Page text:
Cars 3 brings heart, and reflection to a normally silly Pixar franchise


Let’s get this right out there. I hate the original Cars film. To say I loathe it is an understatement that I can’t state enough. After years of building up a great, heart felt brand with movies like Toy Story, the Incredibles and even A Bugs Life, Cars was just a turn in the wrong direction for the company. People still loved it, and kids wanted the toys. That’s probably the reason that the equally stupid Cars 2 was made. While that movie was just as bad as the first, they took a great concept and played with it, as “The Man Who Knew Too Little” took animated form. Mater was a spy. Oh lord, it was so silly that it actually worked on some levels. It introduced more toys, and even a horrible spinoff with Planes.

Now comes Cars 3. More silly NASCAR references, and more “GIT R DONE”….right? Surprisingly, no. Where Cars 1&2 went out of their way to be extremely silly, and was all about the egos of the two main characters, Cars 3 went and did something unexpected. They made a great movie about car racing. They actually made a movie about legends, and the refusal to just fade away. Dare I say it, they made a Pixar movie.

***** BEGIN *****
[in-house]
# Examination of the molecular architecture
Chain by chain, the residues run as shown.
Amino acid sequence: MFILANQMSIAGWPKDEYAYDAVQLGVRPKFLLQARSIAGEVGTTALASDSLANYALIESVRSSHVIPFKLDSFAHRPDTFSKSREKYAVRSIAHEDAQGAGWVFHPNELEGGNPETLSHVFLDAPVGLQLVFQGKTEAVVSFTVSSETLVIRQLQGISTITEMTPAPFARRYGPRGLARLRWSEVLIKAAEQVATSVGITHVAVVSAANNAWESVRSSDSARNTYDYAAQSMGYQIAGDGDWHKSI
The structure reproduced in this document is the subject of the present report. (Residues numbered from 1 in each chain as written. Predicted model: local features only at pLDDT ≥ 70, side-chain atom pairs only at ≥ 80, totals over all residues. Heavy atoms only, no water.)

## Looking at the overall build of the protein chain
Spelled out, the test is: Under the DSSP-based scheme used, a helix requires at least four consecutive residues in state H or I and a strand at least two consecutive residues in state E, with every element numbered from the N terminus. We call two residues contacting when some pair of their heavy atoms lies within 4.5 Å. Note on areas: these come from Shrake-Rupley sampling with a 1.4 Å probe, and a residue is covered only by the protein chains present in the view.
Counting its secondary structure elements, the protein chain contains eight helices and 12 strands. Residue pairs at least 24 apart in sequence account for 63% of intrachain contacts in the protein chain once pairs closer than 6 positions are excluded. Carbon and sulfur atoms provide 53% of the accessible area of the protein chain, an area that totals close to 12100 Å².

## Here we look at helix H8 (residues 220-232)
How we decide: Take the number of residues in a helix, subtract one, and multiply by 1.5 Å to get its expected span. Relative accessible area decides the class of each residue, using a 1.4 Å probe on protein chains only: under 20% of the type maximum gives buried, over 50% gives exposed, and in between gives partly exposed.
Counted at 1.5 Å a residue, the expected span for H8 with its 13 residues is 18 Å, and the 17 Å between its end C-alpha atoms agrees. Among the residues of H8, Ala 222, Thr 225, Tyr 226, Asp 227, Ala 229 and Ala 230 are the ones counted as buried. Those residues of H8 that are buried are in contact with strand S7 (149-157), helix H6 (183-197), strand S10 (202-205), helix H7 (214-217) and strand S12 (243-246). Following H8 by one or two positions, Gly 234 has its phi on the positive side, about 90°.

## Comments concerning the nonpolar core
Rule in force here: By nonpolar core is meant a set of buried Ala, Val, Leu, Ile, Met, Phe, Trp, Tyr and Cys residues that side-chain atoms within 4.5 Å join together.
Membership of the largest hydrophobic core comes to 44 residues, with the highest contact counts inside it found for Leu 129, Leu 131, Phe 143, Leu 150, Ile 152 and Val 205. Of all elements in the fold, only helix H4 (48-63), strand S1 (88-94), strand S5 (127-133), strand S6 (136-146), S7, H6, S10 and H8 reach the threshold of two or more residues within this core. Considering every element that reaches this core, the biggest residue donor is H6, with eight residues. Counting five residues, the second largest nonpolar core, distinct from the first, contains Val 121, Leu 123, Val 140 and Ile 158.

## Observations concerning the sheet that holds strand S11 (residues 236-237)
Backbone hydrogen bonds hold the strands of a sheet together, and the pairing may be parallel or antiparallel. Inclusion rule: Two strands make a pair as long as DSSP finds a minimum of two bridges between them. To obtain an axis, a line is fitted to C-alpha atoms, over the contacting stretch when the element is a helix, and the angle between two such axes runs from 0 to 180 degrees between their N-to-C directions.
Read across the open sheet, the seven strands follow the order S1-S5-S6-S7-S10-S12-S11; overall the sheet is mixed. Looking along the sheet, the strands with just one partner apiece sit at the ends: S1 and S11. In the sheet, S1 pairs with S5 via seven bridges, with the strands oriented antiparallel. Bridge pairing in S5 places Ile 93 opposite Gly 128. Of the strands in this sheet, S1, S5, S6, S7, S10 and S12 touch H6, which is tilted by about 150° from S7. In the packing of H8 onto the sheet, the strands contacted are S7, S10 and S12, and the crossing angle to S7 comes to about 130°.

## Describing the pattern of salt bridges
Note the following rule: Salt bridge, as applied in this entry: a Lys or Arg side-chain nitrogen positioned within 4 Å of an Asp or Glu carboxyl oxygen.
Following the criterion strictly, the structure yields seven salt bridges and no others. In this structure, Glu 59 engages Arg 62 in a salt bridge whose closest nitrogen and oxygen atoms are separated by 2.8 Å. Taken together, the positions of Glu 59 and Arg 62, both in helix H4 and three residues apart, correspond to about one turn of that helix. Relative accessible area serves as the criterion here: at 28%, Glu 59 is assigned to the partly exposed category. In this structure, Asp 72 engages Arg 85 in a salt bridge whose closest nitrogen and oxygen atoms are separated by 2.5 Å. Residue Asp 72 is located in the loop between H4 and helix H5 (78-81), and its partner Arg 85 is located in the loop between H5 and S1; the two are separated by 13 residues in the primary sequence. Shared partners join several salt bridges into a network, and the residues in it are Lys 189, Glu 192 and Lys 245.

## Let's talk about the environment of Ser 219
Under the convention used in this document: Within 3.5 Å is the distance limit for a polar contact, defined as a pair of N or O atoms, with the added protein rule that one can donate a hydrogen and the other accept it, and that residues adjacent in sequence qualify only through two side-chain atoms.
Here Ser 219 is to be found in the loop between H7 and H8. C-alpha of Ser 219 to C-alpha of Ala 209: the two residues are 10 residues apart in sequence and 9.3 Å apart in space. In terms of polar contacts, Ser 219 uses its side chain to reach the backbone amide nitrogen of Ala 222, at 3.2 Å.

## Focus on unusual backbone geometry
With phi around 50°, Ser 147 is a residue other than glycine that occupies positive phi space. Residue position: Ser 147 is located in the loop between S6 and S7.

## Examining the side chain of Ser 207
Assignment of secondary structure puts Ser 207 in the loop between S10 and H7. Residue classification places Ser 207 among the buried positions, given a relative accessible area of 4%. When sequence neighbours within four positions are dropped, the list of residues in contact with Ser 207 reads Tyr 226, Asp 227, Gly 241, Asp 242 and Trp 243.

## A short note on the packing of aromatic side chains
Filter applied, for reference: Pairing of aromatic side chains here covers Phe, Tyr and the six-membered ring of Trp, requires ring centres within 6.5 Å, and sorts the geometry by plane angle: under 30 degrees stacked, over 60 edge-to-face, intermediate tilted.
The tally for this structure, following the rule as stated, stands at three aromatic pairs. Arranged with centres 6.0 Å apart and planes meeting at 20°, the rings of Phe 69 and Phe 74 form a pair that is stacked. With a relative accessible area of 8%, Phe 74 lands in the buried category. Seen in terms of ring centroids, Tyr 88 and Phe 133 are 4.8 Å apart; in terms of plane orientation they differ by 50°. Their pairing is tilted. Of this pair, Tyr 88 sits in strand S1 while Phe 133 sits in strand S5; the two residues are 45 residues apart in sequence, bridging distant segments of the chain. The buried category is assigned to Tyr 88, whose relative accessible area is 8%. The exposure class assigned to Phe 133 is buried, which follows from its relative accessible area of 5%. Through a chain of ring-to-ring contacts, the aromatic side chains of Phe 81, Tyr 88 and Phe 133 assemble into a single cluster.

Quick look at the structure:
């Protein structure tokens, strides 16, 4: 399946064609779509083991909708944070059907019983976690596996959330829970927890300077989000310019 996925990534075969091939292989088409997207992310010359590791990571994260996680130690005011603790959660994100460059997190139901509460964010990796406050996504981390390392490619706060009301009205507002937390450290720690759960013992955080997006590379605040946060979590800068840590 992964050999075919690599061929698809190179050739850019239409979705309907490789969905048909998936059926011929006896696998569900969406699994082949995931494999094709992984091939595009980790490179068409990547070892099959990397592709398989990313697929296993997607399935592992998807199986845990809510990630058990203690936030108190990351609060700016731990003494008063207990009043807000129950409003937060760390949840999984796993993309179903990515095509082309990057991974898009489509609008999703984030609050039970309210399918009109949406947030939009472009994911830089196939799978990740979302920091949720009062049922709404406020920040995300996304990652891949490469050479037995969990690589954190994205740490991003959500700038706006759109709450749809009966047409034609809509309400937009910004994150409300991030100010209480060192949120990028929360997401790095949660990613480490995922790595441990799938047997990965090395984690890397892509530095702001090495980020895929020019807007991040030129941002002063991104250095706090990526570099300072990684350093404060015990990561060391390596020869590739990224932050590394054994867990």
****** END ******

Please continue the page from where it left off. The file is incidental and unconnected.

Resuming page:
The film opens with Lightning McQueen at the top of his game. Unlike the previous movies, where he has something to prove and all the ego in the world, McQueen is winning races, hanging with his friends and having fun. He’s enjoying what he does, and enjoying being in a family like atmosphere. It’s not until “Next Gen” racers come into play, who are all about winning, and pretty much driving out the older racers that things get serious. It all results in a huge wreck, the one that you’ve seen on all the trailers. McQueen is down for the count, but is out? He retreats to Radiator Springs where he has to rediscover himself, and pretty much get his reason for racing back, or find a new one.

The highlights here are the new characters in the film, with Cristela Alonzo turning in an inspired performance as Cruz Ramirez. Not only is this new character a strong female role, it’s also a great turn for a Latina actor in a series that is traditionally filled with stereotypical parodies of characters. The only thing here is her love for the sport that she’s training racers for. There’s also Ms. Fritter, a demolition derby school bus that audiences are going to love.

At the core, the film is a kids version of Days of Thunder. It’s all about finding out who you really are, and what makes you happy, even if it’s at the sacrifice of who you think you were. Being older doesn’t mean your dreams end. We all have dreams, and Cars 3 tells us that it’s okay if it doesn’t turn out the way we hoped. Find another dream, and keep racing towards it, no matter how old you get.

Cars 3 is a great sentimental peace of film making that finally feels like it wasn’t made to just sell toys. I mean, the toys are going to fly off the shelves, but maybe this time they’ll fly off the shelves as well.

Cars 3 hits theaters this Friday.

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